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Accounting, bookkeeping among most in-demand roles

Accounting and bookkeeping roles have made the top 10 most in-demand jobs and skills list, in new research from a global recruitment firm.

News Reporter 19 July 2016
— 1 minute read

 

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The results of a survey released by global recruitment firm Hudson have placed accounting and bookkeeping skills among the top 10 most sought-after job functions.

By reviewing job listings on Seek for the 2015-16 financial year, the firm found the most-advertised functions included ‘financial accounting and reporting’, ‘taxation’, ‘accounts officers & clerks’ and ‘payroll’.

Also making the top 10 were ‘management, accounting & budgeting’, ‘accounts receivable/credit control’, ‘accounts payable’ and ‘financial managers & controllers’.

‘Business services and corporate advisory’ and ‘analysis and reporting’ functions took first and last place in the top 10 list, respectively.

In April this year more than 2,000 Australian employers were surveyed by the recruitment firm to gauge hiring intentions, and 1,330 employees were asked about their attitude to work. The annual Hudson Report offers insights into the jobs landscape, for this year and beyond.

The results published in the latest report indicate a buoyant job market for the second half of 2016, with a third of employers reporting plans to increase hiring. The result represents a net effect of over 22 per cent, higher than that of the last four years. The six-month net effect forecast is calculated by taking the percentage of employers that intend to increase permanent staffing levels, and subtracting the percentage of those who expect to decrease staffing levels in a six-month period.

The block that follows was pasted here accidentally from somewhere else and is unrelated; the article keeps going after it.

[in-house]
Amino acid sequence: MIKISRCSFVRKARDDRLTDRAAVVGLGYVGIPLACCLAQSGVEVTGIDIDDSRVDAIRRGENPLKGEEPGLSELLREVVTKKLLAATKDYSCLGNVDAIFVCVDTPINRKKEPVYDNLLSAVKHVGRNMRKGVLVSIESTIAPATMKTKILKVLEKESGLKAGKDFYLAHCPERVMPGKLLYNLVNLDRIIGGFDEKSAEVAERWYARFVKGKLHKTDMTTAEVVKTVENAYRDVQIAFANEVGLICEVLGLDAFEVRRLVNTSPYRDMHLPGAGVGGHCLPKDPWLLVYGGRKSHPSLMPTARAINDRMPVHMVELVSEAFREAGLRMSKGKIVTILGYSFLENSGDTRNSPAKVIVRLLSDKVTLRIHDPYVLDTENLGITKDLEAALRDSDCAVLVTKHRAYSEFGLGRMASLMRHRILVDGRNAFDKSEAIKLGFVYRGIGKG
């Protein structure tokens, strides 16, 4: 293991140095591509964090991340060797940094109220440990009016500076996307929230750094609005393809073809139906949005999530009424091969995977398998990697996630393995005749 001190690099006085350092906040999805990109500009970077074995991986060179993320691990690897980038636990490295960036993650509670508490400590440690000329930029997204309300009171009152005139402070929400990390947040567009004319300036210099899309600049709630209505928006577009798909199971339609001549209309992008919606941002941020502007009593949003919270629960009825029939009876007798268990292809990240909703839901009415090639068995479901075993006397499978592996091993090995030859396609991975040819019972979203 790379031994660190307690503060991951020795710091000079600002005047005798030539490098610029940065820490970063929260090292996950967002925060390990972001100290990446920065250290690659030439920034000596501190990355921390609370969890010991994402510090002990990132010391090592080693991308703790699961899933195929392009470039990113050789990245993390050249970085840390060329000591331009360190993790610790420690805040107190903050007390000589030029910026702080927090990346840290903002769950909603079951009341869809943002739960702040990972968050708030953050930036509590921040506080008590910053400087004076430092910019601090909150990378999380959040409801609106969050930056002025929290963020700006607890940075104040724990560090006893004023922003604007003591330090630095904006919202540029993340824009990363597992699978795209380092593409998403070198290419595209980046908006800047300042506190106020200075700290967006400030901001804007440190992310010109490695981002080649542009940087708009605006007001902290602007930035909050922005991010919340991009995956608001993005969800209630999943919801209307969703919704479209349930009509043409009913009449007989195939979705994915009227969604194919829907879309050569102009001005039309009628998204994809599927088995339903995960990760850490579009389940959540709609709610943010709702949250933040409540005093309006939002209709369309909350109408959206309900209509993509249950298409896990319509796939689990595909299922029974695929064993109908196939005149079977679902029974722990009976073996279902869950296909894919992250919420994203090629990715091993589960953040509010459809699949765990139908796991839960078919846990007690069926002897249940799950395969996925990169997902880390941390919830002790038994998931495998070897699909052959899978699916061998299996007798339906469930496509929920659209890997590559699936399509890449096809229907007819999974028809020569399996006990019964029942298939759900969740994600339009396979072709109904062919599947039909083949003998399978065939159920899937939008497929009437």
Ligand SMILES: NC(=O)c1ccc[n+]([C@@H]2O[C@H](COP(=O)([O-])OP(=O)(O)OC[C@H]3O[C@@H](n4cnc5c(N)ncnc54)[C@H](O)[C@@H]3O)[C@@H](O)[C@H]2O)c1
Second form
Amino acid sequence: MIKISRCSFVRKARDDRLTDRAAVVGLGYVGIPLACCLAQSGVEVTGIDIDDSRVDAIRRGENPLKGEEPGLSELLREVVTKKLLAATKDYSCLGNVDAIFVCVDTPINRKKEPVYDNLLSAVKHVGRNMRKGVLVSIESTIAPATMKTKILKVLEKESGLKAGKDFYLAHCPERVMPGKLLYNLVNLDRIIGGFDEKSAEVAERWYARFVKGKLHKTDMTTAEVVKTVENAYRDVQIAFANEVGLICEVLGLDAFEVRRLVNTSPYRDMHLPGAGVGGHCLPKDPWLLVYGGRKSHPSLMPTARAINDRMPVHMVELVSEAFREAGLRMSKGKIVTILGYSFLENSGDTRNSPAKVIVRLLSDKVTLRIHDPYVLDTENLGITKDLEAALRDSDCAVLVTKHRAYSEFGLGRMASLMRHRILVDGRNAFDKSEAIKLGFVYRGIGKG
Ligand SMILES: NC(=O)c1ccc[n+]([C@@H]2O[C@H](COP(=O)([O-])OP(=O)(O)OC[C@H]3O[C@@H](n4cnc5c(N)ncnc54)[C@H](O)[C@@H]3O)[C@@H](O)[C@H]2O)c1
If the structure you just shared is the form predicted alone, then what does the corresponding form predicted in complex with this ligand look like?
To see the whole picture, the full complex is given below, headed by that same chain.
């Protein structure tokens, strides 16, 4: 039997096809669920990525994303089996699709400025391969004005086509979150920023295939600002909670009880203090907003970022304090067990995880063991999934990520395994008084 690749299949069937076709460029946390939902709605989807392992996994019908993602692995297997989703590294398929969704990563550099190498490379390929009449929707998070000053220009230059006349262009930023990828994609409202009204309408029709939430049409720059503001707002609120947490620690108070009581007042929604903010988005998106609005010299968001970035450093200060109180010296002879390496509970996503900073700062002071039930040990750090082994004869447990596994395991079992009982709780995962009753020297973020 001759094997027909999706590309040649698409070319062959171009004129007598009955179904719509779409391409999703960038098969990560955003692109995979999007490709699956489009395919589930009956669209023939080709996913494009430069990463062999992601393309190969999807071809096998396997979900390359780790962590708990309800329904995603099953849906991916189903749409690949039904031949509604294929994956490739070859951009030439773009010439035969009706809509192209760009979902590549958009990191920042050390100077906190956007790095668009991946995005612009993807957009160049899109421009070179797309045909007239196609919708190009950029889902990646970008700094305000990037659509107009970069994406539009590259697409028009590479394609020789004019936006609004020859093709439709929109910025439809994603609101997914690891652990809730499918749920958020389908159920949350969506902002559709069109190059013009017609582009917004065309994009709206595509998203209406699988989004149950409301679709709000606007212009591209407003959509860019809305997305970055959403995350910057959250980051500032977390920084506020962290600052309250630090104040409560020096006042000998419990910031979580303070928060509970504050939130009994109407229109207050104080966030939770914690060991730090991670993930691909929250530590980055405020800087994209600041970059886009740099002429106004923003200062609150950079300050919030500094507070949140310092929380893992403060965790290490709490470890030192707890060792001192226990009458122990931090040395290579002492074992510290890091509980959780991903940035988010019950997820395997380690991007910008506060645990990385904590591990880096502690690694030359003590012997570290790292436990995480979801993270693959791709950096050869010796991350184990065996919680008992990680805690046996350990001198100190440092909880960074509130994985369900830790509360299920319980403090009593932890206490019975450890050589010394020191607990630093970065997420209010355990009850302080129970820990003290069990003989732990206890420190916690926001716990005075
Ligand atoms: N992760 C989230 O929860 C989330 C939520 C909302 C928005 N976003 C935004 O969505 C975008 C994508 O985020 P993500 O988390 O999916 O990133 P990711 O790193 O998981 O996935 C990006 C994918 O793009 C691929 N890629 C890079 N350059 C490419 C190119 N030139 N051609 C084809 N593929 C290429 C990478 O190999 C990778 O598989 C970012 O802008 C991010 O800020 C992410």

Dean Davidson, the executive general manager for Hudson Australia & New Zealand, suggested the trend showed market confidence in “confusing” times.

“It appears that despite confusing economic and political signals, employers are getting on with the job at hand and investing in the people they need to grow their business,” Mr Davidson said.

However, the survey of employers and staff also revealed that inadequate training initiatives leave employees feeling ‘let down’. The results further showed that 44 per cent of employees surveyed were actively looking for work elsewhere, 32 per cent were open to new opportunities and 24 per cent were happy to stay with their current workplace.

The survey’s employee results showed that professionals are responding to the healthy job market. According to Mr Davidson, workplaces need respond to the need for better retention programs, which reinvest in staff to avoid a “wave” of departures.

“The number of employees with their eyes on the exit has jumped significantly since last year.

“More professionals are convinced that the buoyant job market is here to stay, and are considering how they can build their career in this environment. This should sound alarm bells for employers, who will need to redouble their retention efforts and be ready to manage an uptick in staff departures,” Mr Davidson said.

Accounting, bookkeeping among most in-demand roles
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